I recently had an interesting conversation with a friend about a particular spiritual/social/moral issue – one on which the Bible plainly speaks. Even though my friend recognized the moral and spiritual implications of the issue at hand, he felt that the Church must refrain from correcting it. “After all,” he warned, “our job is to love people. If we make them feel bad about sin they may not be willing to hear the message of the Gospel.”
If you do not see the error in my friend’s way of thinking, you are not alone! For a vast number of people throughout our nation, it seems that unity has become more important than truth, and pluralism has become its own religion. Many people in our time agree with my friend, or with the late, popular teleevangelist Robert Shuler, who said:
“I don’t think anything has been done in the name of Christ and under the banner of Christianity that has proven more destructive to human personality and, hence, counterproductive to the evangelism enterprise than the often crude, uncouth, and unchristian strategy of attempting to make people aware of their lost and sinful condition” (Time, March 18, 1985).
So what is the error in this way of thinking? After all, Jesus DID come with open arms, right? He DID extend love to sinners and defend the outcasts and destitute, right? And didn’t He command us to do the same? The answer is a resounding YES. In fact, the command to love is so central to the New Testament’s teaching that John said it was impossible to love God unless we loved others. On that, my friend and I agree.
Our difference centers around the meaning of the word LOVE.
Love means so much more than the blind permissiveness embraced by our culture. Where popular opinion holds that love should never correct or rebuke or even question others –(since those things could make a person feel bad) – Scripture teaches that love means that we always have the best interest of others in mind. In other words, love means that I want what is best for you, no matter what. I want you to be healthy and safe and prosperous. I want your greatest good . . . a healthy relationship with God . . . even if that means that you must take bitter medicine to achieve it.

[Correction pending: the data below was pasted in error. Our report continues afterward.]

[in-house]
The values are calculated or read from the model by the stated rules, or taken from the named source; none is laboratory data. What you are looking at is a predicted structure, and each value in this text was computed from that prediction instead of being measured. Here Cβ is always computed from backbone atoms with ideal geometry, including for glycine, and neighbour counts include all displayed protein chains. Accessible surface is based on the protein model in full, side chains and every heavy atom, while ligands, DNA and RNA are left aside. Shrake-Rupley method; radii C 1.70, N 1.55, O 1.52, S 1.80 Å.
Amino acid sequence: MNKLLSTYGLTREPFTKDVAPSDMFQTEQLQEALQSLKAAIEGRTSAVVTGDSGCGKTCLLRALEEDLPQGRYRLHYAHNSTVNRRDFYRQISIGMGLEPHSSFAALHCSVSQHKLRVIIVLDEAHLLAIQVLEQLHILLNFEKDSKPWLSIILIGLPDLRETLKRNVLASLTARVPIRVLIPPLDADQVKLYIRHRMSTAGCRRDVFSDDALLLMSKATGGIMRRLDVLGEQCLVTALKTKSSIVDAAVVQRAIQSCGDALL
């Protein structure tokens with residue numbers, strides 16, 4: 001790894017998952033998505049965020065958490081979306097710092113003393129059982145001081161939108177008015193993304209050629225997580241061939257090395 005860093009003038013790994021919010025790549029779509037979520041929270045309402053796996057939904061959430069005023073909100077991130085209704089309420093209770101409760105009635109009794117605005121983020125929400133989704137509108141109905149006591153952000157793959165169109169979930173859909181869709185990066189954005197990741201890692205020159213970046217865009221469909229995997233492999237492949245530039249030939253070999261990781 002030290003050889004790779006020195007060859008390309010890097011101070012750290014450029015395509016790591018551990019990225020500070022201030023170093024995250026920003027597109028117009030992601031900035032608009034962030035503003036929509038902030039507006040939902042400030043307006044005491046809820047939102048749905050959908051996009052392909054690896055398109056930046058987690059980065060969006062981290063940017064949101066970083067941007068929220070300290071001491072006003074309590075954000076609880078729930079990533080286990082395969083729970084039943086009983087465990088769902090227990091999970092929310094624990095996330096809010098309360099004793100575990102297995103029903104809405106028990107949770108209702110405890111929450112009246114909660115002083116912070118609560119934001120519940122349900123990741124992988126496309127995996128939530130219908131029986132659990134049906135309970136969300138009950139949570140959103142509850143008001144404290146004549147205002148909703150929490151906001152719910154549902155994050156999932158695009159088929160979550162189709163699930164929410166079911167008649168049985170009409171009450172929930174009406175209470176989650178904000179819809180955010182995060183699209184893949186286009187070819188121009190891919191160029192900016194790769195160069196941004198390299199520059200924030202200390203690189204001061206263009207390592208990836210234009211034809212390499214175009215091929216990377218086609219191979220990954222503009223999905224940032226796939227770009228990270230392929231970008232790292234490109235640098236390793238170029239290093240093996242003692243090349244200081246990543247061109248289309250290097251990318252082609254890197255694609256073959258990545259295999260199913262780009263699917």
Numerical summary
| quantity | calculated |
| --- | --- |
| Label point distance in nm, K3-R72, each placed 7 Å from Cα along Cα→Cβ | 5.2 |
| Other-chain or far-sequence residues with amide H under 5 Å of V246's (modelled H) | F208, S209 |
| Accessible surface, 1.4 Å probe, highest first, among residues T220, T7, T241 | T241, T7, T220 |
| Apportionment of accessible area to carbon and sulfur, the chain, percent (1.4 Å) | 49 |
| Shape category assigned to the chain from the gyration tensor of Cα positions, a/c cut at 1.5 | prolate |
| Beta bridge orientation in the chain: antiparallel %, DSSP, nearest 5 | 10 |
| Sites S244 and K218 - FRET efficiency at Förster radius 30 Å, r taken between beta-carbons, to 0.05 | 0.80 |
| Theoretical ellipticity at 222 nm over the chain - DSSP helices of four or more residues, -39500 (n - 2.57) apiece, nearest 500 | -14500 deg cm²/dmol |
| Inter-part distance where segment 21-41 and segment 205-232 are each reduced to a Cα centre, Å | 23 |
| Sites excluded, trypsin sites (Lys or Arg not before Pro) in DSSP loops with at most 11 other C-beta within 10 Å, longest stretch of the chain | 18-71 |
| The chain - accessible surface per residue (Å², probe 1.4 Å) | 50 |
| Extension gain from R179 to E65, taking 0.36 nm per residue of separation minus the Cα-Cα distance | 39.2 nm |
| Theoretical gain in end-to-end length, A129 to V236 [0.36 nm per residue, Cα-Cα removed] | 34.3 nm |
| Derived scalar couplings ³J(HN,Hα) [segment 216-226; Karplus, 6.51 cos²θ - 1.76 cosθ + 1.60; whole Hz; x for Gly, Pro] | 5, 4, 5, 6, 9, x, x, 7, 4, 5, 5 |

I am a parent to three children that I love beyond words. My greatest desire is that they succeed in life, and I know that their success depends largely on the paths they walk. Some roads in life lead to destruction. Some behaviors lead to spiritual ruin. Some lifestyles cripple a person’s willingness/ability to commune with God. Love demands that I point out those slippery places; that I warn my children of danger; that I correct them when they drift. Like Paul said in 1 Corinthians 13, love rejoices with the truth.
This takes me full-circle, back to my conversation with my friend. If the people of God place a higher priority on unity than on truth, the message of the Gospel will never accomplish what it should in the hearts of those around us. Why? Because the TRUTH of the Gospel is that we have all sinned and fallen short of the glory of God, and therefore, we need a Savior! God calls us to REPENT of our sin and turn to Him. How can we repent unless we are willing to acknowledge our sin? How can we turn to Truth unless we first acknowledge error.
That’s why followers of Christ must be courageous to stand for Truth. We must find our voice. We don’t have to proclaim Truth angrily or vengefully or even gleefully. But we must stand for Truth . . . even when it is unpopular. After all, if we do not show a better way, how will anyone find it? Ironically, our motivation is love.